On March 9, 2023, a federal judge granted summary judgment on causation to three manufacturers of asbestos-containing products in a maritime lawsuit arising from the death of Thomas Deem from mesothelioma. The judge held that Ms. Deem had failed to put on evidence sufficient to show that Decedent’s exposure to the products manufactured by three defendants—John Crane, Inc. (“JCI”), Crosby Valves, LLC, and the William Powell Company—was a substantial contributing factor to his developing mesothelioma. See Sherri L. Deem v. Air & Liquid Systems Corp., et al., No. 17-5965BHS (W.D. Wash. Mar. 9, 2023).
Plaintiff Sherri L. Deem alleged that her husband, Thomas Deem, developed mesothelioma because of his exposure to asbestos while working at the Puget Sound Naval Shipyard (“PSNS”) from February 1974 to February 1981. Causation was an essential element of her claim.
In Washington State, to prove causation against a particular defendant, Ms. Deem was required to show that her husband was actually exposed to asbestos-containing materials by that particular defendant and that the exposure was a substantial contributing factor in causing his injuries. Meeting the substantial contributing factor test requires showing more than a causal or minimum contact with the product. Rather, proving an exposure was a substantial contributing factor in causing an injury is a function of frequency, regularity, and proximity.
JCI, Crosby Valves, and William Powell Company all moved for summary judgment on the grounds that Ms. Deem could not prove that exposure to their products was a substantial contributing factor to her husband’s mesothelioma. Ms. Deem offered the testimony of two of her late husband’s coworkers, Mr. David Wingo and Mr. Lawrence Foster, and the expert opinions of Captain Arnold Moore, Doctor Holstein, and Doctor Scaggs to attempt to prove that exposure to these products was a substantial contributing factor to her husband’s mesothelioma.
With respect to JCI, the Court granted summary judgment because there was no evidence from which a reasonable jury could find that Mr. Deem had substantial exposure to JCI asbestos for a substantial period of time such that it could be a substantial contributing factor. Both Wingo and Foster testified that they could not recall ever seeing Mr. Deem in the vicinity of a JCI product. The testimony of Captain Moore that JCI packing material was used at PSNS and the corporate representative testimony of JCI that it sold asbestos packing and gasket material were insufficient to establish that those products were a substantial contributing factor to Decedent developing the disease.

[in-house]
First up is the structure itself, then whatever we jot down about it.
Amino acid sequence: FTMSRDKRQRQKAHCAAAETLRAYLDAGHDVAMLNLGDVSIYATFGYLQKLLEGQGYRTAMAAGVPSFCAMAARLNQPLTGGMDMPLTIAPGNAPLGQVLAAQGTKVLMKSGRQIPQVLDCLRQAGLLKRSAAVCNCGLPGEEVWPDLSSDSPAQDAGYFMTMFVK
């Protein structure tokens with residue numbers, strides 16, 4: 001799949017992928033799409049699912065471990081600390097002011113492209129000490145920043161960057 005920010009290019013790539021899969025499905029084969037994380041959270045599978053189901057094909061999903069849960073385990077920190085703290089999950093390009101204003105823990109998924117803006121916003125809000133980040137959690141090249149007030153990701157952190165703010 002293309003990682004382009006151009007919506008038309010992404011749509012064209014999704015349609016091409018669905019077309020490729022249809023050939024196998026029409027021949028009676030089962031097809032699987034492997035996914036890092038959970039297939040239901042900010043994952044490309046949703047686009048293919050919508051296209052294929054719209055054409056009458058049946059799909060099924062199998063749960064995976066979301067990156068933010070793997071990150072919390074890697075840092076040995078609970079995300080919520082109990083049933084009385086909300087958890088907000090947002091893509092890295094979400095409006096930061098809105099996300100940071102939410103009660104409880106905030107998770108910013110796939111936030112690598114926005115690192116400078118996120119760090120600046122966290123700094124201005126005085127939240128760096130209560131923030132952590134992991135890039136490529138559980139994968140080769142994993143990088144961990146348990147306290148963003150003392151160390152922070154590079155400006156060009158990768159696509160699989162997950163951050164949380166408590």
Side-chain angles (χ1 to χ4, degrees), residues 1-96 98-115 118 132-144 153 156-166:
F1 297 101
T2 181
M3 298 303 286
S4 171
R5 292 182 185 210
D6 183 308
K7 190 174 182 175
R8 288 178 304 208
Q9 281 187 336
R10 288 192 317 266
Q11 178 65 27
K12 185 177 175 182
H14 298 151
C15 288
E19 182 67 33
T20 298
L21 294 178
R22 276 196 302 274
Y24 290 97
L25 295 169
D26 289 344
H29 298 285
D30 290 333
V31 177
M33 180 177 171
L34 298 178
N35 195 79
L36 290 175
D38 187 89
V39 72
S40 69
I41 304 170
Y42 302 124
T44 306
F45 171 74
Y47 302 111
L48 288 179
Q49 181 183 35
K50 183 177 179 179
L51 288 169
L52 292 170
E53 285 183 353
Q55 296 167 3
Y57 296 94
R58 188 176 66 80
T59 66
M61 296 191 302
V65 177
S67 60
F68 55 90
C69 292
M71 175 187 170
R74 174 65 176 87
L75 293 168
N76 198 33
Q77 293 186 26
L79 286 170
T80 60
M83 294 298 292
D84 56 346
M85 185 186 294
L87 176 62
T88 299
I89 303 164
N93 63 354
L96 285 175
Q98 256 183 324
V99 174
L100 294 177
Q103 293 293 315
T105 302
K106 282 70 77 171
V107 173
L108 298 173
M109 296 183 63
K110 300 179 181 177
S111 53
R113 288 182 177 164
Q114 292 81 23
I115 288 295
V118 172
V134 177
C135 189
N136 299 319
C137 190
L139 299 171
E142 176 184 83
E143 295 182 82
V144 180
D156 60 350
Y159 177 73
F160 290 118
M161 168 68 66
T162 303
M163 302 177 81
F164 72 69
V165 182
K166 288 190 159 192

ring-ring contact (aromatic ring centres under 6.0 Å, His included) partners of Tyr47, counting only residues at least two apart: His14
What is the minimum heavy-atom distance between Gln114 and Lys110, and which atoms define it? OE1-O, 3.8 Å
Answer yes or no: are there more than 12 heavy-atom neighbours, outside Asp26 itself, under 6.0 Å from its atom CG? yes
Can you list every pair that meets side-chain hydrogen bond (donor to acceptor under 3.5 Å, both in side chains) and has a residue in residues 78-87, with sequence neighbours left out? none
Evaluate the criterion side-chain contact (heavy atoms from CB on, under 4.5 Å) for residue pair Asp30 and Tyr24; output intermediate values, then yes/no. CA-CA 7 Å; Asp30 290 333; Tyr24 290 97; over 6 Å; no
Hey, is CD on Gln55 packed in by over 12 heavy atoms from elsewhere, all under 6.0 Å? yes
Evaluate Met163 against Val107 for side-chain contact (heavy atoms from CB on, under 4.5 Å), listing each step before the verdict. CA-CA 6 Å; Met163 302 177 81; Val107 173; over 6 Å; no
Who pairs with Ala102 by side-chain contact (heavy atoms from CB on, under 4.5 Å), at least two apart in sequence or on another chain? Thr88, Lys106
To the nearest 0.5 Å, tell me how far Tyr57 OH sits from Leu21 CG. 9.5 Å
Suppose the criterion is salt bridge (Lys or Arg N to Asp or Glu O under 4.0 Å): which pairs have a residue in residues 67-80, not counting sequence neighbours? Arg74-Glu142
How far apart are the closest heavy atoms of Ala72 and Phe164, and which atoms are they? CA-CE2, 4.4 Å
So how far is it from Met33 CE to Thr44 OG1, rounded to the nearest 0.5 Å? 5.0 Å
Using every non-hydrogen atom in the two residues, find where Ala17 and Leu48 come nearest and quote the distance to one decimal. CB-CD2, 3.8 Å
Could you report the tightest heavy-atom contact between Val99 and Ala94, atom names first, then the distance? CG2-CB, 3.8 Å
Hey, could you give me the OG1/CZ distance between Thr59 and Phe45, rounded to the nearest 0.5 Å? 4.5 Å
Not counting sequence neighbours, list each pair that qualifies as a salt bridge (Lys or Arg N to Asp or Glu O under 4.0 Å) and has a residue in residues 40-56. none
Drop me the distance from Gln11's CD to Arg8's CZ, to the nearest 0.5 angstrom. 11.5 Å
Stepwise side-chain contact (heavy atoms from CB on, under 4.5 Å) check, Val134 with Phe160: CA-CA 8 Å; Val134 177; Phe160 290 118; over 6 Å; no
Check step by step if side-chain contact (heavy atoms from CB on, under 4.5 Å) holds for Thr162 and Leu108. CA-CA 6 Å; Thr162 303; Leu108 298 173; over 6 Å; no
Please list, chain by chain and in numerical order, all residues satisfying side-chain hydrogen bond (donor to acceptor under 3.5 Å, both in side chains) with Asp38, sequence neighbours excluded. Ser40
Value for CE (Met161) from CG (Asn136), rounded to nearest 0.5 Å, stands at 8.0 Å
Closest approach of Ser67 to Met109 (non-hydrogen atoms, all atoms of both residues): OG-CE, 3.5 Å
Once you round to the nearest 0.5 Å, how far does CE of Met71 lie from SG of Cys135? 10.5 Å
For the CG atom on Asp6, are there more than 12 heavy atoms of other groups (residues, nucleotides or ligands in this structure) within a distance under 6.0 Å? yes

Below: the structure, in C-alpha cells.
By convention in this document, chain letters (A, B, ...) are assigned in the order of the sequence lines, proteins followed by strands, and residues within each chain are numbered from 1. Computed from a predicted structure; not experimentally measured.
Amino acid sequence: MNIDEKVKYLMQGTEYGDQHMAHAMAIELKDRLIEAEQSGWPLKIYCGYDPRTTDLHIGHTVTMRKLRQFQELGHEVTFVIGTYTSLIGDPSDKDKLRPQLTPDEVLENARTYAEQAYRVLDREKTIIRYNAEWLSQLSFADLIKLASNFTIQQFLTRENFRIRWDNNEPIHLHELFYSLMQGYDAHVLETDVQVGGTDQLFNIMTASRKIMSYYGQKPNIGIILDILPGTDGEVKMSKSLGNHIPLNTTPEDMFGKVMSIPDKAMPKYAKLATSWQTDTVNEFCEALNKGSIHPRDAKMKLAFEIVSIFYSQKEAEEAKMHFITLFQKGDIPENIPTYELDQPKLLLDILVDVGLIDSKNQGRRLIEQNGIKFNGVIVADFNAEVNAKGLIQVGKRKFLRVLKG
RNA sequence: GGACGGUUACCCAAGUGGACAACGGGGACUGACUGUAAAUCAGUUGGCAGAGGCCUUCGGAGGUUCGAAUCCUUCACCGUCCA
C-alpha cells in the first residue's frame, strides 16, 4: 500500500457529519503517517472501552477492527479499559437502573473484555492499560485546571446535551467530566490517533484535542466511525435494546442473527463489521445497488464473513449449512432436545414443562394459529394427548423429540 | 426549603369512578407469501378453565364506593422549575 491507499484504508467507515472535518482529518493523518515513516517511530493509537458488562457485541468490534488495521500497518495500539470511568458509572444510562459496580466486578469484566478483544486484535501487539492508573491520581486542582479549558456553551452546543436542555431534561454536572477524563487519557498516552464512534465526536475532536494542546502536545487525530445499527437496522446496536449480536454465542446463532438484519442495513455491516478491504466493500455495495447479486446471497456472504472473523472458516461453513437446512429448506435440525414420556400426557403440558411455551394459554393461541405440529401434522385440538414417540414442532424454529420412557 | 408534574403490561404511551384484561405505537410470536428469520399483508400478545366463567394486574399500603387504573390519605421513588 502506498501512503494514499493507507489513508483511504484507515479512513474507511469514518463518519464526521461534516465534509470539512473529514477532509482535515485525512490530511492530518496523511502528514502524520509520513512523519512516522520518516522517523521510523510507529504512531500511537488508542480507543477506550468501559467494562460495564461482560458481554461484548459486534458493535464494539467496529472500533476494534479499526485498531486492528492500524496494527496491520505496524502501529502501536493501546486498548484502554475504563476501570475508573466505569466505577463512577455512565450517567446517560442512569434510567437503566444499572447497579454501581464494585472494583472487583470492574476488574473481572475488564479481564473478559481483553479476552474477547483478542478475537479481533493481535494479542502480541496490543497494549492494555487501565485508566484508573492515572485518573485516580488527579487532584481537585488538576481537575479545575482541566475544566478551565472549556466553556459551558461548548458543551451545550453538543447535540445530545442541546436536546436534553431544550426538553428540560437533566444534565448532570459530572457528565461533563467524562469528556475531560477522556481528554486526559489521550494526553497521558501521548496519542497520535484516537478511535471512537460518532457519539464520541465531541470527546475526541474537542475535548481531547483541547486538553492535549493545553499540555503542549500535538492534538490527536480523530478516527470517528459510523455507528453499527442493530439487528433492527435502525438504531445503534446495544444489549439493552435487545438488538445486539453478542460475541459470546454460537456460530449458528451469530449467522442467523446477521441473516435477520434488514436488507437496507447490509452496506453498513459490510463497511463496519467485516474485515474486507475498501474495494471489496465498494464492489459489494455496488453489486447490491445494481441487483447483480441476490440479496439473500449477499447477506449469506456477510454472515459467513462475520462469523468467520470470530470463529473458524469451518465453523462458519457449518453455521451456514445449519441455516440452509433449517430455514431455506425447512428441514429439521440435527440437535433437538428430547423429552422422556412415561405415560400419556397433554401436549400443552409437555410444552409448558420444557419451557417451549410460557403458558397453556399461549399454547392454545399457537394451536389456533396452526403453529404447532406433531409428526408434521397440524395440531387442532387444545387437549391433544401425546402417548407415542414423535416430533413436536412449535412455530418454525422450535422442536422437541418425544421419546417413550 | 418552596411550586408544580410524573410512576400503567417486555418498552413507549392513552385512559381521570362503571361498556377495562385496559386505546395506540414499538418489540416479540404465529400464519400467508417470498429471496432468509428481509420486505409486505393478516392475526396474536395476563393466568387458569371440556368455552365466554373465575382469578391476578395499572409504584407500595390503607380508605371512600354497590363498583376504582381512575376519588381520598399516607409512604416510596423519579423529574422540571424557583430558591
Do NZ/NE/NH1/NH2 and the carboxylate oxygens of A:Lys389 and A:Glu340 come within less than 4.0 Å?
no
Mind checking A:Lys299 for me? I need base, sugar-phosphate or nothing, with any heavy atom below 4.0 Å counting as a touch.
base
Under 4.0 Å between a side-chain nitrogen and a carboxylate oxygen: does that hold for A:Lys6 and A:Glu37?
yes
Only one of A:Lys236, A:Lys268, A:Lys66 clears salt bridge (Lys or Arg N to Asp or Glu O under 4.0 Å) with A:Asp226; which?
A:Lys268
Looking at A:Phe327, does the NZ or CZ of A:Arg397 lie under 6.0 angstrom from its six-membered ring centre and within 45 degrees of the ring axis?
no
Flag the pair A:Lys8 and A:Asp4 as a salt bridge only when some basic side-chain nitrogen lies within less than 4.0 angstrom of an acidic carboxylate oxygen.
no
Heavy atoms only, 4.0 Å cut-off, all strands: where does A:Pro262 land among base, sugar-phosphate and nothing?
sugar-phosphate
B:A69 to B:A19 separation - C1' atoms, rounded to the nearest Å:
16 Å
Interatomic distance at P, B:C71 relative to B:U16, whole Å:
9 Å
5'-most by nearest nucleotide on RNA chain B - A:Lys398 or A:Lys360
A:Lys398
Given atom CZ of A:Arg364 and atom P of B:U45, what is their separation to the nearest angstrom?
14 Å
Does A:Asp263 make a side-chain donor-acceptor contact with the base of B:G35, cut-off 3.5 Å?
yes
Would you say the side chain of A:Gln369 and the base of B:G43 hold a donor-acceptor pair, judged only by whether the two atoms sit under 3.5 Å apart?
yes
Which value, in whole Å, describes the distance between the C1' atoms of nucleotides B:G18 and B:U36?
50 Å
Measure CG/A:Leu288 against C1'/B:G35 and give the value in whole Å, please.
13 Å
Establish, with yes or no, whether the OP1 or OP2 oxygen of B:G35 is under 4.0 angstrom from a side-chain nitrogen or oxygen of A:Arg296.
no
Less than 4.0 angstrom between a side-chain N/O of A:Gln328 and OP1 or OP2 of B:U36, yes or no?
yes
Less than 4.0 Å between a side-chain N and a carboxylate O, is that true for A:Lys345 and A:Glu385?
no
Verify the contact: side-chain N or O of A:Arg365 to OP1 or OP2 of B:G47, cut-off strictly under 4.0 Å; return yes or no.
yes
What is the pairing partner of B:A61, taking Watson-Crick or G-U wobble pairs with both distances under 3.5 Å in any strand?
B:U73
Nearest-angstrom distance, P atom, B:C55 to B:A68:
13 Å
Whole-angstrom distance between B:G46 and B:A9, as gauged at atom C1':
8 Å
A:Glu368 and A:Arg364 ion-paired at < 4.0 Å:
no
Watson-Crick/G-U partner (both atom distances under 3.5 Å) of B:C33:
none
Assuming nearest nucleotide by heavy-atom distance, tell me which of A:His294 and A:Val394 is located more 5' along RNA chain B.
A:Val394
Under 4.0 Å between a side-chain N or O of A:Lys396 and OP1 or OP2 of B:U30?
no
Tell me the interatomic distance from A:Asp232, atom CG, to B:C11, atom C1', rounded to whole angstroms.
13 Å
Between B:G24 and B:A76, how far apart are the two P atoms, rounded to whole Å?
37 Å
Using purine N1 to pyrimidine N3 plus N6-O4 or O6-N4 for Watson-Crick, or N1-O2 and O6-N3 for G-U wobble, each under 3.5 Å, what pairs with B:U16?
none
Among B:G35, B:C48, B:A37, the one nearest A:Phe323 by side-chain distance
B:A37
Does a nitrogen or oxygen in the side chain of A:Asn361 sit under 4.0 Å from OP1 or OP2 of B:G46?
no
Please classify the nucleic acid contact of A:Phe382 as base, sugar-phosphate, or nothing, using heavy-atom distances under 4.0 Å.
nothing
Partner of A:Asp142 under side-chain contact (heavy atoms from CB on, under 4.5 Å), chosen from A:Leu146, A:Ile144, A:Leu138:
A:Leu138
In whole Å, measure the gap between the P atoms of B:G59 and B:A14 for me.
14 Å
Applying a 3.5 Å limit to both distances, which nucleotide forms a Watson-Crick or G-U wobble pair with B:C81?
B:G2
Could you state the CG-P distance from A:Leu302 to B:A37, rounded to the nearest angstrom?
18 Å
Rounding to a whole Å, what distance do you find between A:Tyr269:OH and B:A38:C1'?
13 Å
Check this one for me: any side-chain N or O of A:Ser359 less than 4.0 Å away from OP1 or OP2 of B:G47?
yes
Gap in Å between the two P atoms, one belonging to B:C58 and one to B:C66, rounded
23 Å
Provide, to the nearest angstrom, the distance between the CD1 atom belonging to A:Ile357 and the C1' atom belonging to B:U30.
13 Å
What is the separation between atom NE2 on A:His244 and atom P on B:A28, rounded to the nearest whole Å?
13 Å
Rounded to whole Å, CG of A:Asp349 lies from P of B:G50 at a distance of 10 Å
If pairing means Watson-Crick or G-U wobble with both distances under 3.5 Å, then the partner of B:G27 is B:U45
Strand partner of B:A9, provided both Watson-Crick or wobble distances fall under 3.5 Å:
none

Likewise, the Court granted summary judgment to Crosby Valve because neither Ms. Deem’s fact witnesses nor her experts could place a Crosby product in any place that Deem worked at the PSNS and therefore could not prove Crosby’s products were a substantial contributing factor. Though Wingo testified that he saw Mr. Deem inhale dust from the removal and replacement of asbestos containing gaskets, packing, and insulation associated with valves manufactured by Crosby, Wingo could not state whether he (Wingo) ever worked on a Crosby valve. Ms. Deem’s medical expert was similarly unable to tie Mr. Deem’s mesothelioma to asbestos from a Crosby product. Merely putting on evidence that Crosby sold asbestos-containing valves to the Navy and that Crosby valves required insulation and gaskets was insufficient to constitute a substantial contributing factor.
Finally, the Court granted summary judgment to William Powell on similar grounds. Both Wingo and Foster testified that they never worked with or around William Powell’s products while working at the PSNS, and Captain Moore could not place Mr. Deem in the vicinity of Powell valves. The Court rejected the argument that these products were a substantial contributing factor of Mr. Deem’s injuries just because they and other asbestos-containing products were prevalent aboard the ships at PSNS.
A Prospective Perspective
The Deem Court’s ruling is an endorsement of the principle that merely showing the presence of a product and the prevalence of asbestos at a particular place is not enough to establish a product was a substantial contributing factor to the plaintiff’s asbestos-related injuries. Rather, the plaintiff must put on evidence of exposure to a specific product on a regular basis over an extended period of time in proximity to where the plaintiff actually worked. Critical to this showing is the frequency, regularity, and proximity with which the plaintiff was exposed. Despite this ruling, plaintiff’s attorneys will likely continue to file claims against asbestos defendants even where the most they can show is that a product was present in a particular location.